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Older Adults and Telehealth: Do These 3 Things to Improve Your Session


Why Does it Have to Be So Complicated?

Like every age group, senior adults have been surfing the web. They post on social media, and sort through their email. Why then, do so many have problems with telehealth appointments with their health care providers?

Since the pandemic started, we have all become familiar with video calls and group platforms like zoom. Indeed, these video contacts, with all their limitations, have been a lifeline for many. It will never replace being with friends and family in person. But, it is far better to see and hear loved ones from a screen than not at all.

That said, we all know how complicated these video calls have been for the very oldest of our families. Those with caregivers or in a care setting rely on others to set up the calls. In our family, we even connect with that person about 10 minutes or more before every call. We check to make sure that the person helping them to set up for the video call has support. It seems like even after a successful call, there can be problems. There is troubleshooting to connect to audio, the need to reboot or check the modem. We spend a lot of time situating the device so that the older person can see and hear. Earbuds and headsets are great, but can be uncomfortable or disturbing to someone with dementia.

Aim for Success: Pointers from a Health IT Expert

We asked Destiny Westenskow, Senior System Analyst at the University of Utah Medical Center for guidance. Destiny has been hands on since the onset of the pandemic.  She works daily to improve the telehealth experience for patients and health care providers. She deals with the needs of many medical specialties at this highly regarded medical care system.

Destiny assures us, “First, I would say that the struggle with a telehealth experience isn’t specific to older adult patients. Many older adults are savvy and have no trouble. And we have some patients who are not elderly who really struggle.” All telehealth patients are sent an email in advance of their appointment. “The goal is to have all the technical and connection kinks worked out before the appointment time.”

3 Tips to Follow

  1. Decide what device you plan to use. Call the clinic a few days before appointment to ask the best way to connect with your specific device. Destiny explains: “At the University of Utah, we have a recommended way to use a mobile device (tablet or phone) and use the MyChart app. We recommend this because we control the settings for A/V in the app and it’s a consistent experience. The biggest problem we have is patients have a huge range of the equipment and internet browsers and we cannot keep up on every variance.” Not sure exactly how to deal with this? Destiny recommends partnering with the support staff at your clinic. For example, she says “at Madsen Geriatric Clinic, the staff are proactively calling patients ahead of time. But it’s a good idea for patients to take the initiative and call the clinic” if they can.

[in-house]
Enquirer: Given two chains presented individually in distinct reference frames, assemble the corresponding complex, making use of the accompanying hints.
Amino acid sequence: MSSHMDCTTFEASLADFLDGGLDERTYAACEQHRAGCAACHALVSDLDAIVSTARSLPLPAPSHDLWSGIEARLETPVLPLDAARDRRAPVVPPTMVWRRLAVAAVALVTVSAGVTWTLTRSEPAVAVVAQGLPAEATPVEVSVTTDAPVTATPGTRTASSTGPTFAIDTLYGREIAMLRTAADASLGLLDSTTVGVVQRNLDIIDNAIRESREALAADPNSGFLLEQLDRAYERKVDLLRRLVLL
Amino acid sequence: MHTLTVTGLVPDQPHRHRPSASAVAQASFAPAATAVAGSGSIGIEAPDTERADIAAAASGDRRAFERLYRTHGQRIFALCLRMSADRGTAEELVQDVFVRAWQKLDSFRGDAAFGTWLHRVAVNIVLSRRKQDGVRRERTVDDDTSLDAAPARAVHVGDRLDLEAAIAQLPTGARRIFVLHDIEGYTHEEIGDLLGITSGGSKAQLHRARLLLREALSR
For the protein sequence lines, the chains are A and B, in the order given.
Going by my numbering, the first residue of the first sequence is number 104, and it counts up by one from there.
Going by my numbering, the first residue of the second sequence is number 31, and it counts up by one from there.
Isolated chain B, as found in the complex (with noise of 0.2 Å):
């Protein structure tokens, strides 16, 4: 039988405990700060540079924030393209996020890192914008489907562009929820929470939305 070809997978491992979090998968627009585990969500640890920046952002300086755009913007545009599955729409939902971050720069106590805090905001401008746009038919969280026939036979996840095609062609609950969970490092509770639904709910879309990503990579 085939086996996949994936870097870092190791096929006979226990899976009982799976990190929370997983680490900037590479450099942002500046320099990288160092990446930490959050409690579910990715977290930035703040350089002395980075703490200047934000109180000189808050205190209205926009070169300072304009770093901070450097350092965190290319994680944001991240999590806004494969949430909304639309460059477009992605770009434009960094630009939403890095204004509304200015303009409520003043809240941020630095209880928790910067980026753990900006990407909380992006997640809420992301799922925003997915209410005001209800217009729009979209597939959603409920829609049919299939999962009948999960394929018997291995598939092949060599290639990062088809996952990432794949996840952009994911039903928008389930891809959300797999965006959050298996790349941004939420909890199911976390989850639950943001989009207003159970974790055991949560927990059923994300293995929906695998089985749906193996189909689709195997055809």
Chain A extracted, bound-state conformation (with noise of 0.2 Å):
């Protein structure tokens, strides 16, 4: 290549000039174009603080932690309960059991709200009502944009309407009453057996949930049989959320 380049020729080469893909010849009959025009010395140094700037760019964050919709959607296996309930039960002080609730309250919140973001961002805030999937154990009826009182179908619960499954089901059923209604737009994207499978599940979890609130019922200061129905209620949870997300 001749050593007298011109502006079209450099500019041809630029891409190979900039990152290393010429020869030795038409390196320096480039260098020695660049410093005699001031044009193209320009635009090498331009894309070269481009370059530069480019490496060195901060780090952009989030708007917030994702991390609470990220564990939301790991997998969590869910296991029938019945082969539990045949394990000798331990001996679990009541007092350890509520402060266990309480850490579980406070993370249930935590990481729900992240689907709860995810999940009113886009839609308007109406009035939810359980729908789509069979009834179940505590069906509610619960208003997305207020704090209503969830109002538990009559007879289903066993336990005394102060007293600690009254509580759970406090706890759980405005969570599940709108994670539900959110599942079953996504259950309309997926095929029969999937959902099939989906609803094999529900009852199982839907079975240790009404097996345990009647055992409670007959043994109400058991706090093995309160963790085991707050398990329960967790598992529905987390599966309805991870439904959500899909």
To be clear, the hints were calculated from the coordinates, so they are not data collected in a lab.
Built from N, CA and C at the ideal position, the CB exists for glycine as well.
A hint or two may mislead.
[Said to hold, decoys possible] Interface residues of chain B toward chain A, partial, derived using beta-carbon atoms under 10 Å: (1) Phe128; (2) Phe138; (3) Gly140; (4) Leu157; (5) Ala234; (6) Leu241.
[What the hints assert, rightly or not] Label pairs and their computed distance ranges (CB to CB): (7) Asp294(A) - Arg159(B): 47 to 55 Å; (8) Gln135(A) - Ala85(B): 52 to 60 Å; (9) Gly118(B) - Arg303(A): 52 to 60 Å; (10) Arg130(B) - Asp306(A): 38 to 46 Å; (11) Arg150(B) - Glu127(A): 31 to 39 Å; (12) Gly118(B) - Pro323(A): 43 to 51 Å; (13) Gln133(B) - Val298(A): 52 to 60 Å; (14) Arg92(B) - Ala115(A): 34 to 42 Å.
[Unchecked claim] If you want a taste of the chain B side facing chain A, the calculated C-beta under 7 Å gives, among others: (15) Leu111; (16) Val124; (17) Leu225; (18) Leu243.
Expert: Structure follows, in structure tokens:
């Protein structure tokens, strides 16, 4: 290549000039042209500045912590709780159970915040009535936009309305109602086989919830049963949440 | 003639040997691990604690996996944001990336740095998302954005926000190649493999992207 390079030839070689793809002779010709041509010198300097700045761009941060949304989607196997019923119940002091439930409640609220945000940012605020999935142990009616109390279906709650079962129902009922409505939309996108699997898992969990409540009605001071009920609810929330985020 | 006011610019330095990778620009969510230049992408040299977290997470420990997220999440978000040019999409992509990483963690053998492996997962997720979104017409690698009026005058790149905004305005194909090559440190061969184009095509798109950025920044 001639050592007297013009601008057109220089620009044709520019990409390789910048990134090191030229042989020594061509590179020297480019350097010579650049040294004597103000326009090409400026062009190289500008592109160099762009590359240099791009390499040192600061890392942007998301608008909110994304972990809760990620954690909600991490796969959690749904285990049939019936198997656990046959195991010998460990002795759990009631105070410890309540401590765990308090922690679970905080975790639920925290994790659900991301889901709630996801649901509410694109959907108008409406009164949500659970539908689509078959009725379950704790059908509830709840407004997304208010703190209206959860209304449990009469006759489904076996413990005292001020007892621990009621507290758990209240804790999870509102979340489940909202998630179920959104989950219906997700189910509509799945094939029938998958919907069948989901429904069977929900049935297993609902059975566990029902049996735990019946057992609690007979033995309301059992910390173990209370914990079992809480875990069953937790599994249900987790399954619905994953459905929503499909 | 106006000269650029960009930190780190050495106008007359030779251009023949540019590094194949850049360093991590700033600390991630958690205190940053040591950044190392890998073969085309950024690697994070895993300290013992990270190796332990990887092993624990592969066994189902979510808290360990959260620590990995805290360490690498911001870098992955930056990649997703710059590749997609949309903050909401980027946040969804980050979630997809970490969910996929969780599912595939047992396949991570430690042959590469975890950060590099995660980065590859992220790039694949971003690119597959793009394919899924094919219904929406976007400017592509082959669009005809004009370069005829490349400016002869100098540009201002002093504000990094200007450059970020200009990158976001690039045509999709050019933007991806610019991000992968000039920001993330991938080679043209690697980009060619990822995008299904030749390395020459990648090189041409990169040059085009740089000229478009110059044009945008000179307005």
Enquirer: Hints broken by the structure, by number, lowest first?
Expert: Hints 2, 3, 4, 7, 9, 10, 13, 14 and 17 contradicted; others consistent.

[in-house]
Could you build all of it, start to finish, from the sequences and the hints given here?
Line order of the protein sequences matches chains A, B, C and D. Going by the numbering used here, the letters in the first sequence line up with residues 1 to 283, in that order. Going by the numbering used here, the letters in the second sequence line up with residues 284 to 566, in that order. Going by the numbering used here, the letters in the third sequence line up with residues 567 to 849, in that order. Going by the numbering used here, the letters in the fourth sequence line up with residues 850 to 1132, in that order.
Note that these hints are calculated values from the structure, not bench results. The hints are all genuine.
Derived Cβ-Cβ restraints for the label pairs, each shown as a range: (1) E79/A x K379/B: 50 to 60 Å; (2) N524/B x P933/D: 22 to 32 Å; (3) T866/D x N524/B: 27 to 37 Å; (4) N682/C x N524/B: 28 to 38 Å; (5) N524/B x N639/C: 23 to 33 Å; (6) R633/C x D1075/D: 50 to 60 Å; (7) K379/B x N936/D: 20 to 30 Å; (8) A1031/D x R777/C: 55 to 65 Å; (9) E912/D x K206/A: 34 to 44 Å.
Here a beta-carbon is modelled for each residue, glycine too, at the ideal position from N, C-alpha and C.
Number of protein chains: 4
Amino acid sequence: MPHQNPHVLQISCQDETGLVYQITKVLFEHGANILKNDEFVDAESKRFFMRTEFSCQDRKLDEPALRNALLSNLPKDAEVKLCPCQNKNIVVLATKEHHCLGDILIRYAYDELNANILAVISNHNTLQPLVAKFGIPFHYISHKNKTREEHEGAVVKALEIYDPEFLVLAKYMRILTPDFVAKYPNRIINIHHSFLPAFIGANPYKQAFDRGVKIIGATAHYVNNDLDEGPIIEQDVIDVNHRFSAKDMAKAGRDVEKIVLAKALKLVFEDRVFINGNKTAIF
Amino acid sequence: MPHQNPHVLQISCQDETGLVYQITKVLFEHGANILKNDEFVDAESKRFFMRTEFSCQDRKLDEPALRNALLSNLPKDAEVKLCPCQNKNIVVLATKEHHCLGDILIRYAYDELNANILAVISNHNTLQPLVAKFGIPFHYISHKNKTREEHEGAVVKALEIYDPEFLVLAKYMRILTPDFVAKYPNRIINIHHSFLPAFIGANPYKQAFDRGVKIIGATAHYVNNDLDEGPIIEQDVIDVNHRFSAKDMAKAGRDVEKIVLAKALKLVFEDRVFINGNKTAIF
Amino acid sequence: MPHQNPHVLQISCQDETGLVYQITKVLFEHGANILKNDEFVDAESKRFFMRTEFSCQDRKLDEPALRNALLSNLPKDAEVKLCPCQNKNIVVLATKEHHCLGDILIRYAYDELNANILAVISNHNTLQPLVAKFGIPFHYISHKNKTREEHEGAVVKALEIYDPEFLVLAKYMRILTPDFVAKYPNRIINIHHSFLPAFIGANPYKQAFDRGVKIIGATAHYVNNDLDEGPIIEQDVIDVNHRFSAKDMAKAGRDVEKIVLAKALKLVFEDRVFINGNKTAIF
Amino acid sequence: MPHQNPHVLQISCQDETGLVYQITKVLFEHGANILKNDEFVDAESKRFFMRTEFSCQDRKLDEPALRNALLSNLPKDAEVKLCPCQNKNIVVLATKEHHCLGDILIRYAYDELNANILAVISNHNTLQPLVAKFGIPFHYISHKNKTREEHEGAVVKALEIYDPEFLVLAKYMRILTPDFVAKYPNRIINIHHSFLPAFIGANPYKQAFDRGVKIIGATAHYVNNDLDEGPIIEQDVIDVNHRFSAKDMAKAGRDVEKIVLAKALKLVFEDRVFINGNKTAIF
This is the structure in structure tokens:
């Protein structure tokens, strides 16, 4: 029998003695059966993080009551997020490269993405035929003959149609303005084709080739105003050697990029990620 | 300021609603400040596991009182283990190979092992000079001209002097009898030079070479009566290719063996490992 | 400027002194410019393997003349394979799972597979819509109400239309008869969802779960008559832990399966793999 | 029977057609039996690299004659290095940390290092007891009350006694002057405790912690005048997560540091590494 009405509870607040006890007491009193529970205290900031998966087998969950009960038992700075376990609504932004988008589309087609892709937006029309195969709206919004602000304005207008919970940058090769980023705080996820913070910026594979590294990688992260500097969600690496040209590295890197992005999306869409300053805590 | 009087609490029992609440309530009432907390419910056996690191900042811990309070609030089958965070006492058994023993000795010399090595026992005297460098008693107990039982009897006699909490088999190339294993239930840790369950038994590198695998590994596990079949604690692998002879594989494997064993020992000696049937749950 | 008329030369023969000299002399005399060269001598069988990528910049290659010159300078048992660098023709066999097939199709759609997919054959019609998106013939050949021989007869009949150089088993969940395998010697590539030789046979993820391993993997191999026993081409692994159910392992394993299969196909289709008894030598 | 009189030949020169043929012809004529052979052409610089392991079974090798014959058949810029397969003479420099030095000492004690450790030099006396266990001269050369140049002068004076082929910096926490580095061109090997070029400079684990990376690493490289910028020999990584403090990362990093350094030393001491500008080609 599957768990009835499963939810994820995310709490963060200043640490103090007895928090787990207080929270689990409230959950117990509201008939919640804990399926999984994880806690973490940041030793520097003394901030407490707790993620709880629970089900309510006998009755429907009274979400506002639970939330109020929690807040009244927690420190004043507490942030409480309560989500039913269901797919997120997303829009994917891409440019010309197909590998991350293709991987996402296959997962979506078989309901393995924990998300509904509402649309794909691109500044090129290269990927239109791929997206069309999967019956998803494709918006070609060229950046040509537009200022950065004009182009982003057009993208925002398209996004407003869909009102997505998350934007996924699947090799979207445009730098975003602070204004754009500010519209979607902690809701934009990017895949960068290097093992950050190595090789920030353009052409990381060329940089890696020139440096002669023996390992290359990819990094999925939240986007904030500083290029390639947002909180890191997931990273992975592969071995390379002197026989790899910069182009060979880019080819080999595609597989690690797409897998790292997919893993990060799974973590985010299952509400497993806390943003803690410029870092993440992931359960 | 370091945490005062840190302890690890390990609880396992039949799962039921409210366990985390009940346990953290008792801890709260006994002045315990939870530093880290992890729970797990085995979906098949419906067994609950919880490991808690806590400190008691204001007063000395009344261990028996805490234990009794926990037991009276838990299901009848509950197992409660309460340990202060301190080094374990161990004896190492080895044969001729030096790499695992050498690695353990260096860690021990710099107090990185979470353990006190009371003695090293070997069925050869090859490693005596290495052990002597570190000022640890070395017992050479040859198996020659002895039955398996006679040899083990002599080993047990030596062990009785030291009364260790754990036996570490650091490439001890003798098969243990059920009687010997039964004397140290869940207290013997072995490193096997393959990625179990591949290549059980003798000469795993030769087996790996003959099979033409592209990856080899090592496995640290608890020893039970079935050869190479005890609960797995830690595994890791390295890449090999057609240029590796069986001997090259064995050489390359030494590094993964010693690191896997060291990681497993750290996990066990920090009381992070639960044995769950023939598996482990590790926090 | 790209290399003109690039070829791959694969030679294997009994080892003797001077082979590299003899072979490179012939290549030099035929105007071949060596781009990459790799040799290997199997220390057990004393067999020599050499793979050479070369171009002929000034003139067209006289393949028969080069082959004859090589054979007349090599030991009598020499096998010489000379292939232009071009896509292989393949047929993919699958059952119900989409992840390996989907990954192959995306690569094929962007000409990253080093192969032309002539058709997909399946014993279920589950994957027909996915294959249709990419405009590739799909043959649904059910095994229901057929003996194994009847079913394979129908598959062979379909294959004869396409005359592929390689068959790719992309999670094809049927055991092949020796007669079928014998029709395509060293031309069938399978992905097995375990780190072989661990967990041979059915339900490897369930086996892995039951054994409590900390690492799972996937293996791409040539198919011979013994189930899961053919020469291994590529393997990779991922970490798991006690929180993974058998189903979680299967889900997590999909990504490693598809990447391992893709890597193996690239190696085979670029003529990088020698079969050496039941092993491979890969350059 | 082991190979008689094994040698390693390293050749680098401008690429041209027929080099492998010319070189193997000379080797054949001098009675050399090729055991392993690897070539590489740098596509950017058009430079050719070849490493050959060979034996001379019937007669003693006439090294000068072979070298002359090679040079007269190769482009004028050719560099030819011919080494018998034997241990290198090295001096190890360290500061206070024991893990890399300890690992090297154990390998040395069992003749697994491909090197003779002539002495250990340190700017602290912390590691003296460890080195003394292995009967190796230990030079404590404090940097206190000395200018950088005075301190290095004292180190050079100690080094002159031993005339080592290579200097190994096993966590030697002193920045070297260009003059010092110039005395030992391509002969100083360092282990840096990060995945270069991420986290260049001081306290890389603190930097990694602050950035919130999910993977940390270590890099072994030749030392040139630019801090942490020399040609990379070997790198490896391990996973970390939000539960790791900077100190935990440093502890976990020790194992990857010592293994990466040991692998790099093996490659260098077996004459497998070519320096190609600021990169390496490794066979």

2. Good sound quality is critical. “The biggest complaint we hear is problems with sound quality. It’s best if the patient can use corded earphones, not bluetooth if possible.”
    Destiny explains: “Speakers on a device are usually poor and older adults can be hard of hearing. If they use corded earphones they can hear the provider better because the buds are in their ears.”
    “We caution against bluetooth earphones for a couple reasons. First, the connection can be spotty.” And second, a patient may forget or not realize that the device is connected to a pair of bluetooth earbuds. This can cause confusion and delay of care. “This happens a lot.”  Use of corded earphones overrules the bluetooth pairing and eliminates this annoying error.
  3. Support matters. Destiny knows that getting used to telehealth visits can be difficult for many, especially if they are not feeling well or are intimidated by the process. “It is helpful if elderly adults can have someone nearby to help them get connected and be in reach during the visit. Patients can get distracted with the telehealth format or get frustrated with basic device navigation. If they get frustrated before the start of the visit, then it can be difficult to listen to all the information given or they may forget to ask important questions.”

Telehealth has taken some getting used to, for both patients and providers alike. It will never take the place of the in-person medical visit. But, for older adults, it can offer benefits during the pandemic. It keeps a person protected from community spread. It decreases the need for transportation. And, it offers the convenience of a service in your own home. Perhaps technology in the future will make it as easy as making a simple phone call.





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